SWANTON – As an orchestra of bird calls cooed over the mouth of the Missisquoi River, Ken Sturm, the refuge manager for the Missisquoi National Wildlife Refuge began picking out the individual calls.

“There’s a woodpecker marking its territory,” he said from behind a pair of binoculars as a hammering cadence rustled over the birdsong. “Typically, if an animal is making a loud noise like that, it wants to be heard.”

This cacophony is typical for this time of year, when migrating birds pass through the refuge on their way north for cooler summers in Canada. Those same birds will pass through the refuge again when flying south in the fall, but its only during the spring mating season that they’ll sing as much as they are now.

The annual flocks of singing birds also arrive just as the refuge prepares to celebrate World Migratory Bird Day, an annual event established for celebrating the world’s migratory birds and encouraging their conservation.

While the worldwide date is May 11, the Missisquoi National Wildlife Refuge has scheduled its celebrations – bird walks through the refuge, a boat tour around  the Missisquoi Delta, and a guest speaker – for a week later on May 18. The delay, according to Sturm, sets those events when birding in the refuge would be at its best. Because of the popularity of the boat tour, spots are awarded by lottery. Enter by contacting refuge staff prior to April 30.

Events like these, according to Sturm, are held to bring people into the refuge, where Sturm said he hopes people can start making connections to nature and find something “amazing” around the refuge’s trails.

“I find it particularly important that people understand why places like Missisquoi refuge and other national wildlife refuges are important,” Sturm said. “We’re supplying that small but significant protected area where wildlife rule the show.”

The Missisquoi National Wildlife Refuge spreads out across 7,000-acre collage of wetland, floodplain forests and bog. Established in 1943 under the U.S. Migratory Bird Conservation Act, the refuge was designated specifically for the conservation of migratory birds that annually pass through Lake Champlain.

Ken Sturm, the Missisquoi National Wildlife Refuge’s refuge manager, scans for birds in the refuge. (Michael Frett, MESSENGER STAFF)

Since that initial establishment, the Missisquoi refuge has spread out over the delta, slowly accumulating land around the mouth of the Missisquoi River and establishing places of interest like the Stephen Young Marsh, a sliver of marshland and habitat rung by a walking trail in the refuge’s western bounds, or the Maquam Bog, one of the largest bogs in New England.

The refuge is one of several strategically placed along the Atlantic Flyway, a major north-south corridor for birds migrating annually between summers as far north as Canada and winters as far south as the Caribbean.

According to information shared on the refuge’s website – www.fws.gov/refuge/Missisquoi/about.html – some 200 different species of bird will travel through the refuge over the course of the year.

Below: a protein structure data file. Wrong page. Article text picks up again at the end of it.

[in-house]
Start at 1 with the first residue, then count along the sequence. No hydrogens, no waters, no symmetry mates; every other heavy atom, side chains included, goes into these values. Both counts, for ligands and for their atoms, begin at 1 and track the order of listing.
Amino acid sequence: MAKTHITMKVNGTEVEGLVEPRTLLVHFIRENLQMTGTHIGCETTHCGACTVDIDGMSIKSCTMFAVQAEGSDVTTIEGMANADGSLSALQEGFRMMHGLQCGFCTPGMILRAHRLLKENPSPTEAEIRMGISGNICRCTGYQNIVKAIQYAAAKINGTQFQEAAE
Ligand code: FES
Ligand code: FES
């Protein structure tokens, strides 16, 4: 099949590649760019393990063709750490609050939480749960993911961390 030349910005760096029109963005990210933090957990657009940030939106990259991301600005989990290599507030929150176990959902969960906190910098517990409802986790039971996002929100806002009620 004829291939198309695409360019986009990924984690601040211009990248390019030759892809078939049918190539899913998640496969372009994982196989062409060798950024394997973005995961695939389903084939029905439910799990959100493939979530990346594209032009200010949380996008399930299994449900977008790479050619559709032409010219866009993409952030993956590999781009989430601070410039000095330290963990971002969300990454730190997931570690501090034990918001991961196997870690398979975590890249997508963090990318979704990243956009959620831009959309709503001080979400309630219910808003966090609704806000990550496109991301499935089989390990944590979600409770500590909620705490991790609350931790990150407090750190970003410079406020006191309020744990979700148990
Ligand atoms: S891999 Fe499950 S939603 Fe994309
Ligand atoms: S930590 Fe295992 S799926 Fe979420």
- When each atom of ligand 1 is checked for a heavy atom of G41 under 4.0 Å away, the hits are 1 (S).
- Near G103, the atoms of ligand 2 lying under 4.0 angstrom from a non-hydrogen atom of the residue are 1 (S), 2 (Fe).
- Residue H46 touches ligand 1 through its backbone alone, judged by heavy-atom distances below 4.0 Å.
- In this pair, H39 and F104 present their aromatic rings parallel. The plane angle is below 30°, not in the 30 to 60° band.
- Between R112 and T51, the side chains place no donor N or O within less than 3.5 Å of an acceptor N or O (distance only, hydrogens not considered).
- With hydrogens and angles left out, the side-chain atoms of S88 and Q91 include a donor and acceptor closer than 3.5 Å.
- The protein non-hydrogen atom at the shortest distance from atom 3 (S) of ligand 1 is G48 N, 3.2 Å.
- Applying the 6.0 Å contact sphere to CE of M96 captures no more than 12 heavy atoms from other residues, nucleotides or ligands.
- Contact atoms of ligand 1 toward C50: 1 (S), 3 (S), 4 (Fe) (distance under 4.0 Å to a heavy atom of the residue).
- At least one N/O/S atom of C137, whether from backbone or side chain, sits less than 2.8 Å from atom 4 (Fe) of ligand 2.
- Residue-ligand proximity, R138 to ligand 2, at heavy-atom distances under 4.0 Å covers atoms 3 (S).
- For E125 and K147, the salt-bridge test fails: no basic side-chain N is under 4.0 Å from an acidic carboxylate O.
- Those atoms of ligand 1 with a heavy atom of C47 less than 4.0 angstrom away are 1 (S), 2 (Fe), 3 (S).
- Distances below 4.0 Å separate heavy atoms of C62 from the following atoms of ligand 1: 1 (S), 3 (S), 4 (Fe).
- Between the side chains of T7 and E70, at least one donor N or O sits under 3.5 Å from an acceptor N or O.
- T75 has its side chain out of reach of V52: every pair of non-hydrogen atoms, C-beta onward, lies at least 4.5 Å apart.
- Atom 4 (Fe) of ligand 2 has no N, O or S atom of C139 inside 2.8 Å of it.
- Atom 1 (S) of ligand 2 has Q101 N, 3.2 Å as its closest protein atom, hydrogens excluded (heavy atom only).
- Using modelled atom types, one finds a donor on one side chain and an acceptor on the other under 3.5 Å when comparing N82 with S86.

Some of the refuge’s biggest stars, according to Sturm, are the blue herons and bald eagles with nests in the refuge. “It’s easy to paddle down the Missisquoi and see 10, 12 bald eagles,” Sturm said, adding that there are at least three pairs of eagles known to return to nests in the refuge every year.

Wood ducks and mallards are regulars in the refuge’s shoreline, and at least one mating pair of ospreys have a nest perched over Route 78 as it winds through the refuge.

While migratory birds have served as the refuge’s legally-defined priority since its founding, it’s come to serve a host of other species as well.

Offhand, Sturm listed species like the spiny softshell turtle and the little brown bat, both threatened species in Vermont, as animals that call the refuge home.

A quick walk around the refuge’s Old Railroad Passage Trail also turned up chipmunks, garter snakes and a woodchuck nervously crouched along the side of the path.

Last year, according to Sturm, a survey of the refuge’s bee population – the first in recent memory – turned up 13 different species of native bumble bee that buzz around the refuge.

While many of these species could be observed from the several miles of trail threading through the refuge, Sturm warns that much of the refuge remains closed to onlookers specifically to protect the wildlife calling those swathes of the refuge home. “We have seven miles of trail in the refuge, but they don’t go everywhere,” Sturm said.

Even some trails are periodically shut in the name of conservation. Currently a trail stemming off of a boat landing along the Missisquoi is closed, allowing the migrating birds currently flocking to the refuge a chance to mate without being disturbed by any passing hikers.

As the refuge approaches World Migratory Bird Day, Sturm said he hopes people take advantage of the day’s events to “find something that’s surprising to them and allows them to get out on a trail or… learn something about Vermont and the Lake Champlain ecosystem.

“I hope they find a place they can repeatedly come out to for some peace and quiet… or be astounded by a funnel of ten bald eagles flying around and how amazing that is,” Sturm said. “I want them to know this place is available for those kinds of experiences.

“Ultimately, for me, everybody needs a connection to nature, and the refuge provides the opportunity to find that thing that inspires them to care about nature. Sometimes you just need to walk a trail.”

A woodpecker perches on a tree along a trail that wraps around the Stephen Young Marsh. (Michael Frett, MESSENGER STAFF)

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